Tuesday, August 18, 2015

The Gift of Failure by Jessica Lahey

The Gift of Failure
by Jessica Lahey

Every once in a while I read a book that has me nodding my head and saying "yes!" My friends, this book is one of those books. As a parent and educator myself, this book truly resonated with me. I think we can collectively agree that this is a generation of parents who glorify achievement. By this I mean parents who insist that their children excel at everything, and I mean everything. It all starts with doctors visits, and measuring your child against others in the form of weight, height, BMI, and milestones. Oh my goodness, what is wrong with my baby? They aren't talking yet! Pressuring children starts pretty early. Parents encourage their children to become festooned with ribbons, trophies, accolades and awards. A "B" on a report card? I think not. In my world, this would often result in an angry email asking you why their child has a "B", and what they can do to make sure that the report card has an "A" on it. It has, quite literally, been driving teachers mad. They are leaving the profession at a steady rate, and I venture to guess many would cite "parent" issues at the top of their unhappiness list. Truth be told, when I was younger, a "B" was a good grade, and my parents were generally pretty proud if you at least maintained a 3.0. This is no longer the culture we live in, and this book was a hearty reminder of why grit, perseverance, and determination are much better factors in determining success than any trophy on your shelf. 

There was a section on intrinsic and extrinsic rewards systems, and why in the long run, extrinsic reward systems (the hallmark of educators) fail to inspire true behavioral change. I ran my classroom on a system of rewards, and most of the students benefiting from the rewards were motivated with or without the tickets. These are the children for whom the reward was "gravy". Oh, man I wish I could have a do-over. I can only set my sights on communicating better practices for the future generation. This is a book that every teacher, parent, and member of the education community should add to their shelf. Very insightful and thought-provoking in the best way possible. I, for one, will tell any and all who will listen about the power of this book. Please read the synopsis and go get yourself a copy!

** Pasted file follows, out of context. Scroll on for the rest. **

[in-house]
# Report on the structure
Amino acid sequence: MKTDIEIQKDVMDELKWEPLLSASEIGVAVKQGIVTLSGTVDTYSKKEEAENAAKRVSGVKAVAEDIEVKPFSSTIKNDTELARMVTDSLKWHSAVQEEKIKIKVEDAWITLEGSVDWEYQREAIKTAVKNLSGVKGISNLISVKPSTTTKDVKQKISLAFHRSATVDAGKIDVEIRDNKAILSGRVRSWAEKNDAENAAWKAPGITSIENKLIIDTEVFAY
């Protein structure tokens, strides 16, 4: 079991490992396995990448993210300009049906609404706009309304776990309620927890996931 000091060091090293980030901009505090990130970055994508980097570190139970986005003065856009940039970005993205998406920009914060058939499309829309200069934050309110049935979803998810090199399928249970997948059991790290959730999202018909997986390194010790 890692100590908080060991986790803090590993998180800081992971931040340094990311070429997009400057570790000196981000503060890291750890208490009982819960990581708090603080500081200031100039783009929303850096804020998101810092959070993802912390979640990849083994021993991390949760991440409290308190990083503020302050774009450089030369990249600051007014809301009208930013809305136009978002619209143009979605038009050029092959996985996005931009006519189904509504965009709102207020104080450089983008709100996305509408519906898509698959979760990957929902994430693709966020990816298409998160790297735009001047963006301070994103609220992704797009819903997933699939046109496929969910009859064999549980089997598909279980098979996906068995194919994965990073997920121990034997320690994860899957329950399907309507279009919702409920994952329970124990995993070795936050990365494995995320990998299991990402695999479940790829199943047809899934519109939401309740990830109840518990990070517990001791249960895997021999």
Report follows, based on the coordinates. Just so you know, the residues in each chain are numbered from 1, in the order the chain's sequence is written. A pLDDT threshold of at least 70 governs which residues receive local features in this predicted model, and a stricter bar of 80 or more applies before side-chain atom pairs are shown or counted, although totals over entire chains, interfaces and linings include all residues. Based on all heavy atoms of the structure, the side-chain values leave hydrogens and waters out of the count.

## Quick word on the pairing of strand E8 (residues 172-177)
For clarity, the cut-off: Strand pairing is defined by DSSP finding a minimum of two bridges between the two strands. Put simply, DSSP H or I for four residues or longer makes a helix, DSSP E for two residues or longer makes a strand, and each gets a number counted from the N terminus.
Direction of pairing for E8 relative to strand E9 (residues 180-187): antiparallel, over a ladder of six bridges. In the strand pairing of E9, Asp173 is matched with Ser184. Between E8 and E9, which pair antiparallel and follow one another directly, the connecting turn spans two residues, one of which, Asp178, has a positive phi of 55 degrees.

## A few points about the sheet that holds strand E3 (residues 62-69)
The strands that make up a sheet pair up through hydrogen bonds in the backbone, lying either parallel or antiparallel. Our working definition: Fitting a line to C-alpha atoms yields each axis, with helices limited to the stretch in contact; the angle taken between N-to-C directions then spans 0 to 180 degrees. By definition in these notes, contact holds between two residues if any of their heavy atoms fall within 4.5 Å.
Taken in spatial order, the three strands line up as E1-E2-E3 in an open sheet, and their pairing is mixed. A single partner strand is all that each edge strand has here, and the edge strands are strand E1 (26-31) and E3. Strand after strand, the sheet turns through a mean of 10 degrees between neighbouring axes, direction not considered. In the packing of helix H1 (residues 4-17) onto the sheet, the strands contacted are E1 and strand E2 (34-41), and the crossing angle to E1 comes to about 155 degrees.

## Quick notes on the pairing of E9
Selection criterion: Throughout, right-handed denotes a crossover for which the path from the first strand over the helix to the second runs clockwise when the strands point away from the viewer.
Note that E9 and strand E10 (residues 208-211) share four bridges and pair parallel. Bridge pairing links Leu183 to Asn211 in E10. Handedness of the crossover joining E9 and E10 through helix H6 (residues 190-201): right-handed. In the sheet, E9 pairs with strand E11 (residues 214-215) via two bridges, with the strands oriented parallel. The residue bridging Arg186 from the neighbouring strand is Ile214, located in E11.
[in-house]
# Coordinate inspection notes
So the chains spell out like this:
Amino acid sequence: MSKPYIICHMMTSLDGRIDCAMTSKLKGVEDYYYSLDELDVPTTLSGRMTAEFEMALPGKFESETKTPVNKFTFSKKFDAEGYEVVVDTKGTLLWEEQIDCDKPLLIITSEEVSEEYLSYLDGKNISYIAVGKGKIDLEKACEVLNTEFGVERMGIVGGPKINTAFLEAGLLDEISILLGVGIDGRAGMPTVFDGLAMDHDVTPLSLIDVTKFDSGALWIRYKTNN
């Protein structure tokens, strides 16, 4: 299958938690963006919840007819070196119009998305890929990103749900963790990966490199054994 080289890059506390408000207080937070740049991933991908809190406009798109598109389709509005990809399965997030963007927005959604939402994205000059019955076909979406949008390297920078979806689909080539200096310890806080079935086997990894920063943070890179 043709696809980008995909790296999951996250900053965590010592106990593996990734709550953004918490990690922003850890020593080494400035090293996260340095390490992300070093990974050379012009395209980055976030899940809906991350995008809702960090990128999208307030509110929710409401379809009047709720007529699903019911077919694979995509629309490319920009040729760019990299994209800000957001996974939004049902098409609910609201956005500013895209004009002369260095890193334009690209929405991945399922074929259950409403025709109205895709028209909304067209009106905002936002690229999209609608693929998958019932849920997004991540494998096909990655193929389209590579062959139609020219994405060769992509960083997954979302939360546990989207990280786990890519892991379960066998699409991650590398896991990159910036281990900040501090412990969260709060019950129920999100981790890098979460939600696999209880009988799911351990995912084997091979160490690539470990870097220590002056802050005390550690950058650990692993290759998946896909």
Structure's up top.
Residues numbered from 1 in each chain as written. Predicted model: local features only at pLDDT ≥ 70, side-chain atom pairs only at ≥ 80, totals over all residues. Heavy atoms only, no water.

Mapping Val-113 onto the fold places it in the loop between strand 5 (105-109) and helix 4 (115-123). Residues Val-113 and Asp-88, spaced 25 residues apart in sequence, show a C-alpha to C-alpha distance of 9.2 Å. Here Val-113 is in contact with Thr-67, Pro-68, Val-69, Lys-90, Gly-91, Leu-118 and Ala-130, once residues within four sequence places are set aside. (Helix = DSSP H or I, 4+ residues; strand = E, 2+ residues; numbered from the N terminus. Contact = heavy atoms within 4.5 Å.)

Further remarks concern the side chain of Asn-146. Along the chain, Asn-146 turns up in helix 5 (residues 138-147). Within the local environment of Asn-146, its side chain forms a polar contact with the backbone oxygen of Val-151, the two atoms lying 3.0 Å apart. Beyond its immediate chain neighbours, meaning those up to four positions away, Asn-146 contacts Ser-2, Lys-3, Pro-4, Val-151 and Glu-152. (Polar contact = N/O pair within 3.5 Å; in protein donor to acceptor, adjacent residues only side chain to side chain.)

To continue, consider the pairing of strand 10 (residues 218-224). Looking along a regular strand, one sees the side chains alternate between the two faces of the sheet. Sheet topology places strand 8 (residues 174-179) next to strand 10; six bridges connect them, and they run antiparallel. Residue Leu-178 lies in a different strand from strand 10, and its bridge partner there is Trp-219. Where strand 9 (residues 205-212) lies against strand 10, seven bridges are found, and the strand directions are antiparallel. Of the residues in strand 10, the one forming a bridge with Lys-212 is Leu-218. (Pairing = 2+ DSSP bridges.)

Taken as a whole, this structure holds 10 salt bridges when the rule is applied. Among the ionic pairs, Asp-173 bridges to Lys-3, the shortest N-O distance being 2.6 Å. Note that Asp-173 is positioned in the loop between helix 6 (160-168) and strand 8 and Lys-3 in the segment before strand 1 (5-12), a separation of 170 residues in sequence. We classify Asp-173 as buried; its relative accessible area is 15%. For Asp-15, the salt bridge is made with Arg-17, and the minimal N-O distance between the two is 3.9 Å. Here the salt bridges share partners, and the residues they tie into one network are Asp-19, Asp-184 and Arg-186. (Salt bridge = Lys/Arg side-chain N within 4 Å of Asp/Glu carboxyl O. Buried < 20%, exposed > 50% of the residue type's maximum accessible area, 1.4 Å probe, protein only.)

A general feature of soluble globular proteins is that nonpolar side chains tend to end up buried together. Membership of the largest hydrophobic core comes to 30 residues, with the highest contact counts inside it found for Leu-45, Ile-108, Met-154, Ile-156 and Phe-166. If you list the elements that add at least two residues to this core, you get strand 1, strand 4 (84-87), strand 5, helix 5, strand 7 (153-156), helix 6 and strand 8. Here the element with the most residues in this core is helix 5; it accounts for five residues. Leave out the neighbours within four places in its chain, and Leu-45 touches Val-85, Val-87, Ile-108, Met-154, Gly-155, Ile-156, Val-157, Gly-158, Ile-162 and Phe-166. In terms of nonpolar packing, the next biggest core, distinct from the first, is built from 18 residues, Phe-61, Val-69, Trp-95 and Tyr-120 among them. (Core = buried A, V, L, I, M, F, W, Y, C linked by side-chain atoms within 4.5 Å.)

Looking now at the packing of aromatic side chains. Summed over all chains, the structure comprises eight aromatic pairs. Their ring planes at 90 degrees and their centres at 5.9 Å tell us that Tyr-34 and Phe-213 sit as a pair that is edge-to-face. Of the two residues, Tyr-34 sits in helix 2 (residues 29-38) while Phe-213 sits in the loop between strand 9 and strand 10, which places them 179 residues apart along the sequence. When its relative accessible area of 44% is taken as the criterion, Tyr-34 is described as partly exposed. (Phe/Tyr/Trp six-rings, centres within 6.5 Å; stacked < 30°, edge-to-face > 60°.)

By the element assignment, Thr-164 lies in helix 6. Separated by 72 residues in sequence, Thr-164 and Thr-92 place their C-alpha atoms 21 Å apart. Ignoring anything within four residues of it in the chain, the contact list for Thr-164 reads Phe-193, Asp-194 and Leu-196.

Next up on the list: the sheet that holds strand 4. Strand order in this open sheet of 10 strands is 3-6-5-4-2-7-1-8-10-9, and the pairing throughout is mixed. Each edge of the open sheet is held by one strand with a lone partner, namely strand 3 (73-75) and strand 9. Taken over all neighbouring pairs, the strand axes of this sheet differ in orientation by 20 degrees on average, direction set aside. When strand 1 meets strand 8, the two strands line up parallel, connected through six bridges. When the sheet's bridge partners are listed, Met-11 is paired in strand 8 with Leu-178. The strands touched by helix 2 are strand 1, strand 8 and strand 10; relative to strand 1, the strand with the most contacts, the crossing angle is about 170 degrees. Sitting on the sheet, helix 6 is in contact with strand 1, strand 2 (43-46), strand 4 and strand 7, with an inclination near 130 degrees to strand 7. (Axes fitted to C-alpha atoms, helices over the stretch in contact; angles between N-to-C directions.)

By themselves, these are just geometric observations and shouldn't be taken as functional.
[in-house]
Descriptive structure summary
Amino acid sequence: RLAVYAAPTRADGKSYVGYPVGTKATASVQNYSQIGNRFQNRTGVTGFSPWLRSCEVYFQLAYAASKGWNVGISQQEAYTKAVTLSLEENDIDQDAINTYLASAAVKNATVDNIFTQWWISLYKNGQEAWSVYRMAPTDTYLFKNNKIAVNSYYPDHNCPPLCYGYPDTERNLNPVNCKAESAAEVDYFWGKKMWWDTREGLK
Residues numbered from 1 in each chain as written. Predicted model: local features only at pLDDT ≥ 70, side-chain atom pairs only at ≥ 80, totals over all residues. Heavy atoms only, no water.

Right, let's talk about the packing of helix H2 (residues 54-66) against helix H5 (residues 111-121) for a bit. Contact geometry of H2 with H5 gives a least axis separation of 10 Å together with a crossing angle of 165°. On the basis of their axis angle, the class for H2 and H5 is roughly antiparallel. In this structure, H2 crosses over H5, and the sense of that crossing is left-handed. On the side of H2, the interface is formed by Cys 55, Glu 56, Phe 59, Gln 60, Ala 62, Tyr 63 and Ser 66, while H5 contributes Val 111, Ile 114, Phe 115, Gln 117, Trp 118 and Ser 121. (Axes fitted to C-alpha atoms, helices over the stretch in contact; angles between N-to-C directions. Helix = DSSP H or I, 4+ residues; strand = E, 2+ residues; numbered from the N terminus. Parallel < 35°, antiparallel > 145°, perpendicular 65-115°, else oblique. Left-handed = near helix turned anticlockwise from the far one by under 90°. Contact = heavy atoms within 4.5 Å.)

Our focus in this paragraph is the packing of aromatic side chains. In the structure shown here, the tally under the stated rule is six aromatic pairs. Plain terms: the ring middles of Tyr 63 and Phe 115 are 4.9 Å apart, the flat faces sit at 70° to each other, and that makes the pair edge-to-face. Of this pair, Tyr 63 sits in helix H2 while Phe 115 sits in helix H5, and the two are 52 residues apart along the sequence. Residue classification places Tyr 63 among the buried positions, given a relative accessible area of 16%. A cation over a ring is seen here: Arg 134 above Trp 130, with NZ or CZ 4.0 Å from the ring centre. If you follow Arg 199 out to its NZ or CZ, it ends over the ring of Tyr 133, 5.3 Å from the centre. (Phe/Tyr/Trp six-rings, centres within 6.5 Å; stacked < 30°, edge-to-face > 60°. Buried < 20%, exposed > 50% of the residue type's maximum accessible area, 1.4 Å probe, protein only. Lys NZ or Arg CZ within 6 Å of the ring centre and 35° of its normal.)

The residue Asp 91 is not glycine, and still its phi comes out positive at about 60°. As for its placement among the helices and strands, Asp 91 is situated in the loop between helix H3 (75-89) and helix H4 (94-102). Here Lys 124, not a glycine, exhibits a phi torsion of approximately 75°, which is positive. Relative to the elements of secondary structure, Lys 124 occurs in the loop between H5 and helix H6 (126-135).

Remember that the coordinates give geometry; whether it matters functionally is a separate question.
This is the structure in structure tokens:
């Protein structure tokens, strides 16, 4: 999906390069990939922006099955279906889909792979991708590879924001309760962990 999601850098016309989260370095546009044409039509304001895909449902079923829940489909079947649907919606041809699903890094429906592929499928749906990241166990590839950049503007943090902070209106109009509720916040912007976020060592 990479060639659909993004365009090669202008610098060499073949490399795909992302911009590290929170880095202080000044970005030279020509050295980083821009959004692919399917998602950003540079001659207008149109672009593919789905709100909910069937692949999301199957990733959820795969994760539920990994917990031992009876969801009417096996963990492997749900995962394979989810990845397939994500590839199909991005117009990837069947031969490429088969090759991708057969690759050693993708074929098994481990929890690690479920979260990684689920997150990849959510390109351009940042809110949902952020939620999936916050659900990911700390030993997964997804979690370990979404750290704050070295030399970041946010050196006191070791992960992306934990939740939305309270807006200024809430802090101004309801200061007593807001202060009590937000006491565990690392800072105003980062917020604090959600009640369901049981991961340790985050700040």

In the tradition of Paul Tough’s How Children Succeed and Wendy Mogel’s The Blessing of a Skinned Knee, this groundbreaking manifesto focuses on the critical school years when parents must learn to allow their children to experience the disappointment and frustration that occur from life’s inevitable problems so that they can grow up to be successful, resilient, and self-reliant adults.
Modern parenting is defined by an unprecedented level of overprotectiveness: parents who rush to school at the whim of a phone call to deliver forgotten assignments, who challenge teachers on report card disappointments, mastermind children’s friendships, and interfere on the playing field. As teacher and writer Jessica Lahey explains, even though these parents see themselves as being highly responsive to their children’s well being, they aren’t giving them the chance to experience failure—or the opportunity to learn to solve their own problems.
Overparenting has the potential to ruin a child’s confidence and undermine their education, Lahey reminds us. Teachers don’t just teach reading, writing, and arithmetic. They teach responsibility, organization, manners, restraint, and foresight—important life skills children carry with them long after they leave the classroom.
Providing a path toward solutions, Lahey lays out a blueprint with targeted advice for handling homework, report cards, social dynamics, and sports. Most importantly, she sets forth a plan to help parents learn to step back and embrace their children’s failures. Hard-hitting yet warm and wise, The Gift of Failure is essential reading for parents, educators, and psychologists nationwide who want to help children succeed.

Happy reading!

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